“We are adding features at a faster rate than the miniaturization, reliability and cost plans are able to keep up,” warns Thibodeau. “So, the expectation of improved reliability, cost and mass never happens at the vehicle level, resulting in frustration from those on the outside looking in.” Thibodeau believes the electronic content of today demands a feature partitioning (bundling and packaging of features) and planning approach so that module content and complexity is managed effectively.
“As consumers demand more engaging and intuitive user interfaces, auto manufacturers are looking to develop human-machine interaction (HMI) and user experiences that are aligned with and reinforce their vehicle brands,” says Michael Tschirhart, human factors technical fellow and research and development manager at Visteon Corp. “Consumers want their vehicles to share some of the advanced capabilities of their electronic devices. [At the same time], vehicle manufacturers are trying to reduce system complexity on global platforms, while addressing the desire for regional variances.”
To tackle the challenge, Visteon engineers have developed a new range of high-definition graphic display platforms, physical control interfaces and supporting HMI tool chains that bring together software, graphics and physical elements. “These enhancements, which can be reconfigured for specific vehicle applications, can greatly reduce auto manufacturer development times while increasing design flexibility,” claims Tschirhart.
Assembly ChallengesAutomotive electronics are often more difficult to mass-produce than devices intended for consumer electronics, appliances and other products. Cars typically have longer life spans than most consumer electronic devices. For instance, most people don’t keep their cell phones for six years, but they do keep their cars that long. As a result, there’s a big different between a camera that goes into a car and a camera that’s used in a phone.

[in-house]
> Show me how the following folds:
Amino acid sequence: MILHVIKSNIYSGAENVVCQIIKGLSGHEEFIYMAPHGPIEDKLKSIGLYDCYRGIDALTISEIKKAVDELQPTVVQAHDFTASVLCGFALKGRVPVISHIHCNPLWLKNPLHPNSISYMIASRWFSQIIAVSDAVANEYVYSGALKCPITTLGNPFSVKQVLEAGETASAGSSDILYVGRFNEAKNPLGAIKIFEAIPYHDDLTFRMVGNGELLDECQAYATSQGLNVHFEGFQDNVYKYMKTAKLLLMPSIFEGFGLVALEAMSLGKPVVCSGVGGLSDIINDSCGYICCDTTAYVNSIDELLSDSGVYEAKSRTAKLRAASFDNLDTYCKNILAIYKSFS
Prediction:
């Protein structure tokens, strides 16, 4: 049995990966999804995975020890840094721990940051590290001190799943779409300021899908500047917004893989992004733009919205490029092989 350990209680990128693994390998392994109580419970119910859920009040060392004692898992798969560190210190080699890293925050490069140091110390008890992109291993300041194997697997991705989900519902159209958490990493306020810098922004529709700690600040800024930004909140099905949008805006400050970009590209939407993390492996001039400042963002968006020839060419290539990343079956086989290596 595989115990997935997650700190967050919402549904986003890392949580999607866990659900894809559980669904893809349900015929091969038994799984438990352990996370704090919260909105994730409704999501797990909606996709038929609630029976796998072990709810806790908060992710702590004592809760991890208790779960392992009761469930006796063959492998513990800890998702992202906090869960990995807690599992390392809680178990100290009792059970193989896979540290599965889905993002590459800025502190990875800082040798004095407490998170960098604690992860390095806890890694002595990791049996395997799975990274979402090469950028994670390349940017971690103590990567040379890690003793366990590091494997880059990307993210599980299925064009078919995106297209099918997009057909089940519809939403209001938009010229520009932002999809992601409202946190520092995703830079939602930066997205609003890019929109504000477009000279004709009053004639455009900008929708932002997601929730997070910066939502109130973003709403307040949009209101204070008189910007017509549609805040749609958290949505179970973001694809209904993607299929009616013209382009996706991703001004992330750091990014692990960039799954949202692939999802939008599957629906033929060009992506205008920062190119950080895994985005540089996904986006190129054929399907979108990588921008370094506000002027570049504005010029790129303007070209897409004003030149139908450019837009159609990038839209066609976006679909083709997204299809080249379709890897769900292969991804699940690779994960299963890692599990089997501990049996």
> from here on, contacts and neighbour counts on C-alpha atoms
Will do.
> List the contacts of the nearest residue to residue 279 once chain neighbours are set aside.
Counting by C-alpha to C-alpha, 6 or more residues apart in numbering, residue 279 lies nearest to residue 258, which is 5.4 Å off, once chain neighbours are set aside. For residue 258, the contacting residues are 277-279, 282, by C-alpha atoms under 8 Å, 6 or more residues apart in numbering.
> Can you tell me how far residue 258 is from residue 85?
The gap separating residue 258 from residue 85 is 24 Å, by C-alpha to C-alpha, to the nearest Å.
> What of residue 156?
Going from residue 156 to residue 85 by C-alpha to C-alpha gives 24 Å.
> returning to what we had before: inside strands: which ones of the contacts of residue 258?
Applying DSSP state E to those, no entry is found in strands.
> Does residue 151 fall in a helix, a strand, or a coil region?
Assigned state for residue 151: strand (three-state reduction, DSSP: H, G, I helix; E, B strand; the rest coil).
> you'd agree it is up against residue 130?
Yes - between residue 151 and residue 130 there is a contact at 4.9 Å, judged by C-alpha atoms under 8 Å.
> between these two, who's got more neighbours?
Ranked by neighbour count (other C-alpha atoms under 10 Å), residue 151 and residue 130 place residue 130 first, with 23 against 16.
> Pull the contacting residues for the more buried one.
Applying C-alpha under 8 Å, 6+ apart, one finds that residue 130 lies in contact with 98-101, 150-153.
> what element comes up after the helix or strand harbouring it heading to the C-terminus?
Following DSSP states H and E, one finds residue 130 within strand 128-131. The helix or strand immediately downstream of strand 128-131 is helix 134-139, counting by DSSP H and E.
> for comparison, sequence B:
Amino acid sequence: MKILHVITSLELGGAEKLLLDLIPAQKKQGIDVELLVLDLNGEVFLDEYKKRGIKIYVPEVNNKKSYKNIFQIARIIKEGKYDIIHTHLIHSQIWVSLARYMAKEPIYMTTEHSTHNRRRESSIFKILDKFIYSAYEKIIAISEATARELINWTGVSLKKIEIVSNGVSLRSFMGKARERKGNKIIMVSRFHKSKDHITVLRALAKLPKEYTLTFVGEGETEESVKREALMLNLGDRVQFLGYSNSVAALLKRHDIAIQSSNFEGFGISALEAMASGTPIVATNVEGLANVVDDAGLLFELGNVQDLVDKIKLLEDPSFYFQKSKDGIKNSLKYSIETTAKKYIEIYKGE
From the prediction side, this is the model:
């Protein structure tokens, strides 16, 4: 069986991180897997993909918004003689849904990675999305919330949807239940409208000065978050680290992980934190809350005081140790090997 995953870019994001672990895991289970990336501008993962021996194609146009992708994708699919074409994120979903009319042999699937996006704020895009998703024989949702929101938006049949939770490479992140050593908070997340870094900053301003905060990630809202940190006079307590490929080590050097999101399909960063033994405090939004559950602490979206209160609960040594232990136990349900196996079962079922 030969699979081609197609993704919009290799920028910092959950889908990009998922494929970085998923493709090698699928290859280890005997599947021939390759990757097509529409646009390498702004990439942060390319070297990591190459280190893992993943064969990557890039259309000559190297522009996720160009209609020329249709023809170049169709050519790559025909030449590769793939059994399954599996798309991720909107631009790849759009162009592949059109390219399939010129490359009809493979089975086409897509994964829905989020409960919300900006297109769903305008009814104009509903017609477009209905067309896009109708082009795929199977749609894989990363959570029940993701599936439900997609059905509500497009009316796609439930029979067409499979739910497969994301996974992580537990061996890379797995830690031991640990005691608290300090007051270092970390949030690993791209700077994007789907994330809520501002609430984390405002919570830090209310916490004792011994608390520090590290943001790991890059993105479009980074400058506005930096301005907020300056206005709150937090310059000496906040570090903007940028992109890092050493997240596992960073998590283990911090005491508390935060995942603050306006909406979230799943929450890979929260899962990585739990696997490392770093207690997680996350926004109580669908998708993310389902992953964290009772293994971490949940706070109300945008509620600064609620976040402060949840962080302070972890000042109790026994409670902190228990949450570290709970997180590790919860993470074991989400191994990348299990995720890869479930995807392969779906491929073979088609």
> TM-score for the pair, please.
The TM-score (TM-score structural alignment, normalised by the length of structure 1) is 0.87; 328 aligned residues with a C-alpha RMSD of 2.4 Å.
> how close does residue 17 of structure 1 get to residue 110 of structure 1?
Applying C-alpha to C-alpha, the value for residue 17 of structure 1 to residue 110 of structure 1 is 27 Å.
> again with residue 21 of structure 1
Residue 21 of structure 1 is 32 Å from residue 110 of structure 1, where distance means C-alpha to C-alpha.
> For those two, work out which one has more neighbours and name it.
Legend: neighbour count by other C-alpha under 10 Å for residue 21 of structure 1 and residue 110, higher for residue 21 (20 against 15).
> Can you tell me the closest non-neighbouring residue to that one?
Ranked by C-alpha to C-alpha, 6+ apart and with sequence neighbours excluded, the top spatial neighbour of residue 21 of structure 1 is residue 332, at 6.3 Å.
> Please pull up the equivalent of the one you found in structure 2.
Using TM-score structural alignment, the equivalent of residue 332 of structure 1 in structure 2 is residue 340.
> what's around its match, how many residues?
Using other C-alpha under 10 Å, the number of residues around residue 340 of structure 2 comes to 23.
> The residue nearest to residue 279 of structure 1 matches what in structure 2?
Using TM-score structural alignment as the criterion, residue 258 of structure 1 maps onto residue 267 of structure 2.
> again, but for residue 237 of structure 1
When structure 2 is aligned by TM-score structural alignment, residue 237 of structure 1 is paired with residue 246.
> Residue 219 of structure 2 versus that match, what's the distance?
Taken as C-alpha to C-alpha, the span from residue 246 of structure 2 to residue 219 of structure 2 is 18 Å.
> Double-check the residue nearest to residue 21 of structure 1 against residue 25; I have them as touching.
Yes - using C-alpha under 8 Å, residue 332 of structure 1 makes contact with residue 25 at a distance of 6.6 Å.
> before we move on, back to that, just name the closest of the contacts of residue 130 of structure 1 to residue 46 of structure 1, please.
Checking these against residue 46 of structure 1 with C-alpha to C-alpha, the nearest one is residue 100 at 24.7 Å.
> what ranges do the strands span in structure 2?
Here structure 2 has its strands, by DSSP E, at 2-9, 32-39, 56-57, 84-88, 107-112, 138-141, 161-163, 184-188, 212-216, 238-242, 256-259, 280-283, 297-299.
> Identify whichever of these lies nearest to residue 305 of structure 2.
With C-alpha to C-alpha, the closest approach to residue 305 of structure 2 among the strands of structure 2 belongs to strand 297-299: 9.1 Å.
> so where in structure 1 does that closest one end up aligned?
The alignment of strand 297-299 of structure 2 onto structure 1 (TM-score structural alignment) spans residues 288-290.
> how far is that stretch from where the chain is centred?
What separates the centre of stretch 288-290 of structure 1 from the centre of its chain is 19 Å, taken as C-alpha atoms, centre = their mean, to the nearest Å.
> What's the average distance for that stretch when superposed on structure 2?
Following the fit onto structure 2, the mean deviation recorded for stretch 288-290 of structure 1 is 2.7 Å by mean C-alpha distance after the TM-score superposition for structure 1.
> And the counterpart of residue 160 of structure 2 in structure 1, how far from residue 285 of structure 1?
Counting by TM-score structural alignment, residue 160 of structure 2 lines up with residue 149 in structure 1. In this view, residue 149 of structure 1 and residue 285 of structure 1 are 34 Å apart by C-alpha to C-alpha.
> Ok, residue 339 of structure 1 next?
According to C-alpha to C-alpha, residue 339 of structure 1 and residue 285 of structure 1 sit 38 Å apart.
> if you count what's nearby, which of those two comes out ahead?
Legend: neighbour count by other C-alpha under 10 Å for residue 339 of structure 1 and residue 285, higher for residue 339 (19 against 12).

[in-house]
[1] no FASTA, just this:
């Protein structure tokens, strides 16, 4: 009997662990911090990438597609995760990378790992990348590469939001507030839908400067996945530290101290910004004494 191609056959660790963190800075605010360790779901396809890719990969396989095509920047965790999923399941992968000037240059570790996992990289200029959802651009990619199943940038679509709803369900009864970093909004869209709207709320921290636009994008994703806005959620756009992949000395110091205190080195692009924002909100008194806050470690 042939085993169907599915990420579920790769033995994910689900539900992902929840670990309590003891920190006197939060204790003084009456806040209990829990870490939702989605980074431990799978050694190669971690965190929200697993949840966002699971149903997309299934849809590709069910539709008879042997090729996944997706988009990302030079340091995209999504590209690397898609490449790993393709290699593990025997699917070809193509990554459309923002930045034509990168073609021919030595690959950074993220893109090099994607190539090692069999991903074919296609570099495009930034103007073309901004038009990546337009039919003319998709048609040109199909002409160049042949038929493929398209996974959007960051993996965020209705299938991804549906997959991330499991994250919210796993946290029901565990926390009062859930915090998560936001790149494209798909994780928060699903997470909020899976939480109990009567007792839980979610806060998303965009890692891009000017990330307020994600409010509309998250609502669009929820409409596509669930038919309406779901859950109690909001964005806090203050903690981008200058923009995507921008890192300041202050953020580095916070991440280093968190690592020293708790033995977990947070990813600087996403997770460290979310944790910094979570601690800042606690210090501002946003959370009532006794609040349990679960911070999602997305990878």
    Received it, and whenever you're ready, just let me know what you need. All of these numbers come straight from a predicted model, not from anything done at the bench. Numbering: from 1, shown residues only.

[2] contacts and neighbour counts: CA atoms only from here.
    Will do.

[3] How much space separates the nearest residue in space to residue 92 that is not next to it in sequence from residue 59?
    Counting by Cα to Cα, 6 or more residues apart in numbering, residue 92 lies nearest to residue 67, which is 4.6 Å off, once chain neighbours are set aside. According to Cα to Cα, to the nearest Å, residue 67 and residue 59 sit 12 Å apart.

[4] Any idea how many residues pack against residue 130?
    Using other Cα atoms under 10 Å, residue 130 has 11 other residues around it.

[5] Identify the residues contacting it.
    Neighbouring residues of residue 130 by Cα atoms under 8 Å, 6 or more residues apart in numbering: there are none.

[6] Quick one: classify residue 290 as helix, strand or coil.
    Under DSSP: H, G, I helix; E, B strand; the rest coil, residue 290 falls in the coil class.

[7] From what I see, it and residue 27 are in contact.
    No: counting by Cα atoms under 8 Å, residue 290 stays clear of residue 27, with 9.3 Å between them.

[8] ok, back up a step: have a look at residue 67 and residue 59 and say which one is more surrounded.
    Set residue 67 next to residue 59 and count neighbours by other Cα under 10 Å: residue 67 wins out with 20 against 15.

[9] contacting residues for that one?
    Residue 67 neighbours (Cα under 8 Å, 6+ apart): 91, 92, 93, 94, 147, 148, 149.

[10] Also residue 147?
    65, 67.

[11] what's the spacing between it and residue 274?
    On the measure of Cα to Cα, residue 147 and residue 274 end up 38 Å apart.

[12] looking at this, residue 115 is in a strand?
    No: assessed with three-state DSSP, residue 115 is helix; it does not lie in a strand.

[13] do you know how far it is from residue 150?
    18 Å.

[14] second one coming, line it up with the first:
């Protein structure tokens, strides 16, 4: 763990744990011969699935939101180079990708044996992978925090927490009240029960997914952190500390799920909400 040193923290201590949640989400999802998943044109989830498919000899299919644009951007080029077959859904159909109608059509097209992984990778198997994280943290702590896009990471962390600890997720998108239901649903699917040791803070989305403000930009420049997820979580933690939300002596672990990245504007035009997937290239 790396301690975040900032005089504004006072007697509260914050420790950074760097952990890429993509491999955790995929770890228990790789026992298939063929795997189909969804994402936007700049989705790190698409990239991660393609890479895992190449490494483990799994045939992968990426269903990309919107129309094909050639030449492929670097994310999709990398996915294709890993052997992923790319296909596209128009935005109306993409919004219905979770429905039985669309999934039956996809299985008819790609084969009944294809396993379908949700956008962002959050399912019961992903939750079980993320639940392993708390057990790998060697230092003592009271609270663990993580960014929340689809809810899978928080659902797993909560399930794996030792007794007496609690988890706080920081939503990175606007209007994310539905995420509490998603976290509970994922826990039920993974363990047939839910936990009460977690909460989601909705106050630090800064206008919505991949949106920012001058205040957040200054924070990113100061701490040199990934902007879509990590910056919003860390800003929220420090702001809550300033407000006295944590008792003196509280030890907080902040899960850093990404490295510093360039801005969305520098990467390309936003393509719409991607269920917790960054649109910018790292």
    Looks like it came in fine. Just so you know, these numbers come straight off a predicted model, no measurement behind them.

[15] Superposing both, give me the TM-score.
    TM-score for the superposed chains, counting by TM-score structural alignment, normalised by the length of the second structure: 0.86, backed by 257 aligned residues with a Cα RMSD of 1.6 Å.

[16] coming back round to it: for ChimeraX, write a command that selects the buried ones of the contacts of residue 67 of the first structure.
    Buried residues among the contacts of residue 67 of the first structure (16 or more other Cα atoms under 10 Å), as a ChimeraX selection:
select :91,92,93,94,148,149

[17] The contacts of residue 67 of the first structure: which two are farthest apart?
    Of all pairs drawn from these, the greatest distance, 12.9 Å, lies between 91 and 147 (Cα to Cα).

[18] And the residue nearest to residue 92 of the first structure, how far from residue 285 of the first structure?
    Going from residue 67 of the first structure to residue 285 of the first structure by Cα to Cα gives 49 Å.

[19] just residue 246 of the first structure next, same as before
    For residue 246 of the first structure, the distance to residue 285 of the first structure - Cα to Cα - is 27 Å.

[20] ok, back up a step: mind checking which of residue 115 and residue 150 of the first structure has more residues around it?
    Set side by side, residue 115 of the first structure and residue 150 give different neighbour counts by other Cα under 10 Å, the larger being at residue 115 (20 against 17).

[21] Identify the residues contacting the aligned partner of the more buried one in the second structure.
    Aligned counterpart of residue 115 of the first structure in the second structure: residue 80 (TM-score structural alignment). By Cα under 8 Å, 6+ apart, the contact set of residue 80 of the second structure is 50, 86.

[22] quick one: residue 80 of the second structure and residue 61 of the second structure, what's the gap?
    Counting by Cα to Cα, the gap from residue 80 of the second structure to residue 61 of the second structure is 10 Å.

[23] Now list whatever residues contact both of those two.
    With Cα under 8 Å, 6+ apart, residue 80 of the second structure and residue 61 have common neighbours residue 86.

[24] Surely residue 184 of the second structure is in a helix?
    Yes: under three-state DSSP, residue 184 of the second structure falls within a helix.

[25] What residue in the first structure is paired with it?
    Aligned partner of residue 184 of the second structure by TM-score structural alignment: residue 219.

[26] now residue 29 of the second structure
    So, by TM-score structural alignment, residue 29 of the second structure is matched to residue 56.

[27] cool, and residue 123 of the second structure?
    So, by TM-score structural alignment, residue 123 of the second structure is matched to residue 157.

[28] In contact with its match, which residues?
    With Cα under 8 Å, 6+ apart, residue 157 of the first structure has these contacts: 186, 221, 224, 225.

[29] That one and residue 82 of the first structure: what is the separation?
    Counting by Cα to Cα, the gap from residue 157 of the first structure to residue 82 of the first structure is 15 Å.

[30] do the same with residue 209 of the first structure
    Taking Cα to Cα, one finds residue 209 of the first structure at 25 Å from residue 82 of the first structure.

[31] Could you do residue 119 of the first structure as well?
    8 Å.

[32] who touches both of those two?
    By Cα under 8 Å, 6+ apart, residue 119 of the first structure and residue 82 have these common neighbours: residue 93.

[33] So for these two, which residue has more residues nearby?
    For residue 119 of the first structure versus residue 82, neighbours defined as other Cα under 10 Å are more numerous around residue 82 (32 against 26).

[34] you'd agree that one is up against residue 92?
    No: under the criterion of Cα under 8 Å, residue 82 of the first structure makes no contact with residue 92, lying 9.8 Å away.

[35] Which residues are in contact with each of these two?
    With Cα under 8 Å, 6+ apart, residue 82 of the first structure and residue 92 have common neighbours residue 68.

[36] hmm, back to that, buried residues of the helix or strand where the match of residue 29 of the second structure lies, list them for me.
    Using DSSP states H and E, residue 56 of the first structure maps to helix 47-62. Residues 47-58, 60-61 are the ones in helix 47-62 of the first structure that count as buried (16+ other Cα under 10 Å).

Vehicles also have different operating specifications. “Cars have to operate in extreme outdoor temperatures and are expected to have a life of up to 10 years and over 100,000 miles of use,” explains David Alexander, principal automotive technology analyst at ABI Research. “Electronic components have to be tested to withstand vibration and meet very demanding quality standards.”
All automotive products are expected to last for the life of the vehicle and survive extremes of cold found around the world, in addition to high levels of vibration and humidity. “Products that live in or on the engine will see even greater extremes, plus exposure to oils and acids,” says Kimball’s Watson. “This requires the use of automotive-grade electronic components and extensive testing and validation of products.”
Automotive electronics vendors are typically asked to produce aerospace-quality components with zero defects, but at con-sumer prices. AEC-Q100, a critical stress test qualification for automotive integrated circuits, is the entry-level standard for quality for most application areas.
“There is now also the new ISO 26262 standard on functional safety, which is an adaptation of the IEC 61508 functional safety standard for automotive electric-electronic systems,” says Riches. “This standard embraces the functional safety aspects of the whole development process. It thus includes activities such as requirements specification, design, implementation, integration, verification, validation and configuration. This [applies to both] hardware and software.”
As automakers seek more electronics in the future, GM’s Thibodeau predicts they will put more pressure on the supply base for part traceability, 100 percent assurance of correct part placement, flawless lead-free solder operations, and extremely high end-of-line test yields above 99 percent.
“As OEMs start to demand more in terms of long-term reliability vs. initial quality, the manufacturing industry must find a way to eliminate the occurrences of solder defects, misplaced parts, incorrect part substitution issues, and damaged parts through their manufacturing processes,” warns Thibodeau. “OEMs are becoming less tolerant of these types of defects.”
According to Alexander, cost and packaging are huge factors, as well as quality. “Making components small is vital, as not very many vehicles today have much space, and manufacturers are constantly looking for weight savings,” he points out.
With the ongoing shift toward smaller, fuel-efficient vehicles, Watson claims cost pressures on suppliers are relentless. “Vehicle manufacturers need innovation and added content without increasing the cost of vehicles,” he points out. To address those challenges, Watson says assembly equipment and processes “are being developed and implemented with a primary focus on speed (faster assembly), improved reliability (reduced scrap and improved yields), and smaller, more dense assembly layouts.”